Lanette Curington






Amber Quill, June 2003
Reviewed by Joy Calderwood

Leith McClure is not at all happy to find herself making an illegal business deal in a bar, on a planet not regulated by Galactic law. Her buyers, the Zi, are under embargo. But her father set up the deal, and told her to trust Steve Hancock, his protégé conducting the exchange. Steve just seems to be enjoying this deal a little too much.

The Zi representative, J’Qhir, is not at all what she would have expected. In fact, the more they are thrown together, the less Leith finds he meets her preconceptions. Dropped without warning into a do-or-die situation, Leith and J’Qhir make their cranky accommodations to each other and form a fundamental bond. It may be that they will yet be able to save J’Qhir’s people and Leith’s father’s business, but to do so they would probably, unbearably, have to sacrifice their union.

STARKISSED is primarily about overcoming cultural boundaries. More important than the physical differences between Leith and J’Qhir are the Zi expectation of submissive behavior from females and the rigid domination of Zi tradition over personal needs. J’Qhir seems to have little trouble adapting when Leith behaves according to the freedom of her culture, but he places his own duty above all else. Leith in turn comes to respect his way of living, and learns how much of the Galactic Alliance’s knowledge about Zi may be misleading.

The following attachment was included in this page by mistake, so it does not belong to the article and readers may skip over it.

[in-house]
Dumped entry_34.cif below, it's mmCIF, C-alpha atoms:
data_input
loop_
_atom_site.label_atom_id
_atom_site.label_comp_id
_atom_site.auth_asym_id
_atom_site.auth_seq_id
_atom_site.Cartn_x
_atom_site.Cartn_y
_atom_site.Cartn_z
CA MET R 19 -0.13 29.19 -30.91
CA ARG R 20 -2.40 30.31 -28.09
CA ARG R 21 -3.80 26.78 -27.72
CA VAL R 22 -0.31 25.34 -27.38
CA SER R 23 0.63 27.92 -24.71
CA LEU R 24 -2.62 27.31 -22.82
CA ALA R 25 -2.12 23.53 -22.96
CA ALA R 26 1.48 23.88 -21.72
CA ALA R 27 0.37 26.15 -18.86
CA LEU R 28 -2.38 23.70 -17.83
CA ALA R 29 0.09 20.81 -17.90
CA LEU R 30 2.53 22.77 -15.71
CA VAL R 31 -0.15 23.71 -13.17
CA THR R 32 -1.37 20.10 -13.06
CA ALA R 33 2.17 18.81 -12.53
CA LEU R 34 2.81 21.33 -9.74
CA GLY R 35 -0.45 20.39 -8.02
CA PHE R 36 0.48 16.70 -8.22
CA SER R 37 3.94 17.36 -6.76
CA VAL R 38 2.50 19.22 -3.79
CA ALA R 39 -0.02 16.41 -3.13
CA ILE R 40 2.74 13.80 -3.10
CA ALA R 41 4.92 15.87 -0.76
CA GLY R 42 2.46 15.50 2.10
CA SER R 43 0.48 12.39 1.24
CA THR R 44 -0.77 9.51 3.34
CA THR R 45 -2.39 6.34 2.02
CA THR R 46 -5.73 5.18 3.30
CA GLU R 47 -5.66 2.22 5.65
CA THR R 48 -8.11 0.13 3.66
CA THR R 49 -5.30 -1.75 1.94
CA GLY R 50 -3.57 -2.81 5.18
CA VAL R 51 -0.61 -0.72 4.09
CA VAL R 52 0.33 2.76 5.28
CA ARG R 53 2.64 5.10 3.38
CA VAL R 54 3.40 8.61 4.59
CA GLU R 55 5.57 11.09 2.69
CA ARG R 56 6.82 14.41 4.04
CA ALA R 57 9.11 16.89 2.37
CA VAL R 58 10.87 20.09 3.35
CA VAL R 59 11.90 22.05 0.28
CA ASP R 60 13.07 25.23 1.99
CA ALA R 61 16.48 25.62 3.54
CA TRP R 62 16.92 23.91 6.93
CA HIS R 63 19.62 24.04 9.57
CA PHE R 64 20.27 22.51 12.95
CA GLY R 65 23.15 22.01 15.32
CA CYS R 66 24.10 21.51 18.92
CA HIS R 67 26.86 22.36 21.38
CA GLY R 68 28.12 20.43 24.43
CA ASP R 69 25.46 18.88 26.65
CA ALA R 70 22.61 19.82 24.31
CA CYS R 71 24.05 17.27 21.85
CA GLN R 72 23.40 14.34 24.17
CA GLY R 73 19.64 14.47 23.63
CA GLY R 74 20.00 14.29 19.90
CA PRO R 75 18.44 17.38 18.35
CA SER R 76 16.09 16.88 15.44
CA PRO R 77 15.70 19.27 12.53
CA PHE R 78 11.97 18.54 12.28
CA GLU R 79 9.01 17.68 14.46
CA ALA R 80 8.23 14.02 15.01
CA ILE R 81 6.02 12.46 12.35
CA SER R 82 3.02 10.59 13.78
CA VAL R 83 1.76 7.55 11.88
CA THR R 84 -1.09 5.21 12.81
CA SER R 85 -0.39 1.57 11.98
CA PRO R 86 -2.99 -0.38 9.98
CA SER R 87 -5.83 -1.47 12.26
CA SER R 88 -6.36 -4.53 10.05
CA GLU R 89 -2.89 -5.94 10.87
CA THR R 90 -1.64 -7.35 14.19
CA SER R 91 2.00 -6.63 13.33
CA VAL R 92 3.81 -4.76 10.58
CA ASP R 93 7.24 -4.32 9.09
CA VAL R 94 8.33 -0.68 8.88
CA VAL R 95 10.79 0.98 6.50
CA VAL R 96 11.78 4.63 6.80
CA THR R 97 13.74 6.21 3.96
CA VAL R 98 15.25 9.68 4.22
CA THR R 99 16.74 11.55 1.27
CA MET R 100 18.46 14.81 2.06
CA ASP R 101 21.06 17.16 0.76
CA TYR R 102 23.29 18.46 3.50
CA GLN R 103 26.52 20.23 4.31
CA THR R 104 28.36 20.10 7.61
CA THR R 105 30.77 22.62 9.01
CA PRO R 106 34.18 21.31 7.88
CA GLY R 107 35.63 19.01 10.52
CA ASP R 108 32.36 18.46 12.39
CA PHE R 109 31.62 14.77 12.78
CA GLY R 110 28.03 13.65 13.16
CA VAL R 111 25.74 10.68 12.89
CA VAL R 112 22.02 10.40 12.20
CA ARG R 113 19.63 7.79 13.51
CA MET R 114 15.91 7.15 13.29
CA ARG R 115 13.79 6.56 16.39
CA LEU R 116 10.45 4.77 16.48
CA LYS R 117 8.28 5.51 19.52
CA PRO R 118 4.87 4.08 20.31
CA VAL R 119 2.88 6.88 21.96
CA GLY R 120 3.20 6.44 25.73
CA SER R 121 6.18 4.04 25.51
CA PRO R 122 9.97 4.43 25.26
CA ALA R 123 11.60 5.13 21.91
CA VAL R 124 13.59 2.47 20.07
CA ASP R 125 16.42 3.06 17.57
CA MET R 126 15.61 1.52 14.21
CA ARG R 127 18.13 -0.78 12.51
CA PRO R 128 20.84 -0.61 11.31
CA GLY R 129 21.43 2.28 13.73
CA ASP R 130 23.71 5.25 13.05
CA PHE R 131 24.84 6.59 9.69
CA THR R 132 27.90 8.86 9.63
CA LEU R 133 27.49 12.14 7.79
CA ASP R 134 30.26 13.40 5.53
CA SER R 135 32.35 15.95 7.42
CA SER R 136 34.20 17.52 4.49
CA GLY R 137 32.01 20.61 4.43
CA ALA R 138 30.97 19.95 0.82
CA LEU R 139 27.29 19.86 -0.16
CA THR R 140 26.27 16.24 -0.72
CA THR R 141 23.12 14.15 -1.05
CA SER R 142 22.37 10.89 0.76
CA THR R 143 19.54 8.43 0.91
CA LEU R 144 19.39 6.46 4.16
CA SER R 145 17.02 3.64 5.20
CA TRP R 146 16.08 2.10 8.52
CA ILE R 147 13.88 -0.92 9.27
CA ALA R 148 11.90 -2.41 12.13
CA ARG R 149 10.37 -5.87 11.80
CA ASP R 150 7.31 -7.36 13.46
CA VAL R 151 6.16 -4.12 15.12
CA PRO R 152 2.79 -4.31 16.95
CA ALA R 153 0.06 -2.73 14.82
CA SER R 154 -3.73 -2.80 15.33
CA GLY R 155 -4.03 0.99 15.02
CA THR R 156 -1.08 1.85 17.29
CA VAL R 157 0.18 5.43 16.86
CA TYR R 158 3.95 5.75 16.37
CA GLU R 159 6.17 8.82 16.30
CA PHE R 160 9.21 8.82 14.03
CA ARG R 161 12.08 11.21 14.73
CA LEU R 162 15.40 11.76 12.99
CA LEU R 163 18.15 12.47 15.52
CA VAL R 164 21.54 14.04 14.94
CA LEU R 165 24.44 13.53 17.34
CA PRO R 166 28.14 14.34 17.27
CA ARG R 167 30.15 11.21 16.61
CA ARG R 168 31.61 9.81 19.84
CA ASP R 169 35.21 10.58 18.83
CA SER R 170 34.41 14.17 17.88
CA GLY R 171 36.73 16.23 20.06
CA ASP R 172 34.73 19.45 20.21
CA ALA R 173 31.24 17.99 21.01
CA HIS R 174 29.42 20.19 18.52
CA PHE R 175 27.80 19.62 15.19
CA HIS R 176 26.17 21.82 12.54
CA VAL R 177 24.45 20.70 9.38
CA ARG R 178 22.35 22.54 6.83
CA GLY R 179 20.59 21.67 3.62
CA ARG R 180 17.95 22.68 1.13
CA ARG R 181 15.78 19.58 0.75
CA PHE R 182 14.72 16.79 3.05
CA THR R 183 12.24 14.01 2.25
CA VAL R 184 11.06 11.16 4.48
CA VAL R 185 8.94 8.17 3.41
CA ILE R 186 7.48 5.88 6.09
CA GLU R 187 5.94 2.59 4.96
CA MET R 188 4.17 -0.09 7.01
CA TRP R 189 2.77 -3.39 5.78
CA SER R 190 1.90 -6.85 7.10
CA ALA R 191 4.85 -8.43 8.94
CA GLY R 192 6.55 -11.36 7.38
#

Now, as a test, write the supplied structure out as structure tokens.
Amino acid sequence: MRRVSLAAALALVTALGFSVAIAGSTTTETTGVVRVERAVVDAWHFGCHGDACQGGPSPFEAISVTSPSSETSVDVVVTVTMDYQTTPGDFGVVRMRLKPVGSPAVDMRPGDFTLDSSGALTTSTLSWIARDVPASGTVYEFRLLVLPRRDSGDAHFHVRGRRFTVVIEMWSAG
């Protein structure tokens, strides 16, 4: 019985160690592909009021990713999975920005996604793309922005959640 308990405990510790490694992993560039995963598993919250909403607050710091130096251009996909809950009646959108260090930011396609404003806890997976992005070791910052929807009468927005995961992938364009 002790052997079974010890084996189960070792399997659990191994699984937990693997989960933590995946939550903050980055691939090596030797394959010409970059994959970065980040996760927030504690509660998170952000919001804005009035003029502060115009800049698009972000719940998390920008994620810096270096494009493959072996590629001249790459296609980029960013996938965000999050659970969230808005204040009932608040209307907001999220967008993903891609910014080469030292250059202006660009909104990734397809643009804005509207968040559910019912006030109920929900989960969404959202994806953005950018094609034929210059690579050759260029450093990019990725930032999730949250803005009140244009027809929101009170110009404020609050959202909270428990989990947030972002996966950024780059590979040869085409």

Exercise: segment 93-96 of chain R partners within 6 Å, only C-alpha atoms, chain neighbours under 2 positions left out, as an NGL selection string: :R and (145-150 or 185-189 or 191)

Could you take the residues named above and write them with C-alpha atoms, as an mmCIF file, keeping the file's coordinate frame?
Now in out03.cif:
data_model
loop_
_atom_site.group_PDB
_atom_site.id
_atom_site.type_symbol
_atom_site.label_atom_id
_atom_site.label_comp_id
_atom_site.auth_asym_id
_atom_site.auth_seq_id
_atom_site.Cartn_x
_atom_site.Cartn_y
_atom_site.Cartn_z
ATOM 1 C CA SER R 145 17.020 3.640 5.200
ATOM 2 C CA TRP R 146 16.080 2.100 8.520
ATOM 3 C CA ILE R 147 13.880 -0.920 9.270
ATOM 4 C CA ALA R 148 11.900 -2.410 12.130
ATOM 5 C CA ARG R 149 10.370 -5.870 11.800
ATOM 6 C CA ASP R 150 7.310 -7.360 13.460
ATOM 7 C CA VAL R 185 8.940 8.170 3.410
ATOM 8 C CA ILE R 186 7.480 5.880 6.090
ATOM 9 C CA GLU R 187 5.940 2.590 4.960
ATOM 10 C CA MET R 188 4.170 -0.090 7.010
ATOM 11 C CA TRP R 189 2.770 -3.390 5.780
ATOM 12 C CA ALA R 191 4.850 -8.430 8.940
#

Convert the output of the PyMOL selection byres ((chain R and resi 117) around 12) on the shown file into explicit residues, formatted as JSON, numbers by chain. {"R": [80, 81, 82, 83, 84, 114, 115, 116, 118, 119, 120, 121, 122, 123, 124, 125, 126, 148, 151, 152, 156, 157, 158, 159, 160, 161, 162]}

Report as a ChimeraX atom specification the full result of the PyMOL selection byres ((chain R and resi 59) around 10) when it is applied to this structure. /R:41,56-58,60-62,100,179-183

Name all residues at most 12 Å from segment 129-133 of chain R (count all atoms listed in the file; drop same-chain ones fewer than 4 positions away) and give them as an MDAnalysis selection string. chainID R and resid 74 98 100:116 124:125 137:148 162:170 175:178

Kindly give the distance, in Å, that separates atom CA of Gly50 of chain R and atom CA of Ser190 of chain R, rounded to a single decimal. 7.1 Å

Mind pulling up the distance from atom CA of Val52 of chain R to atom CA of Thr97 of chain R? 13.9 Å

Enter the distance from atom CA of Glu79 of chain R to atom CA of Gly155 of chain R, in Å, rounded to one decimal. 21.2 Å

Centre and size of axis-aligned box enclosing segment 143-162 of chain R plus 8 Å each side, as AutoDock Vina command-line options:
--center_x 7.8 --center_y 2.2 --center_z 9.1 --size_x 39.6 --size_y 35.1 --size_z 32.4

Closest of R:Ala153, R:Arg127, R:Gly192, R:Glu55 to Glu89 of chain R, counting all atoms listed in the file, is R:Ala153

To enjoy STARKISSED, you have to be willing to buy into the idea that there can be an immediate, intense sexual attraction between a mammalian humanoid and a reptilian humanoid, in spite of their different sexual characteristics. Too, the villain has a very strange definition of "revenge". It will be worth it for you to make those mental leaps, because the story is an absorbing one and the romance exciting. I have been especially careful writing this review because there are many surprises I don’t want to give away.

I reviewed two books about inter-species love in the same week. While both have interesting story lines, STARKISSED is unquestionably the better written. The settings in both are thoroughly thought out, but STARKISSED feels more alive and dimensioned, both in environment and character. This is something the author has done by instinct, seemingly from her sense of participation in the story. It has left me with some pleasantly unforgettable memory pictures. STARKISSED was an Eppie Award finalist.

June 2003 Review Originally Published by WOR

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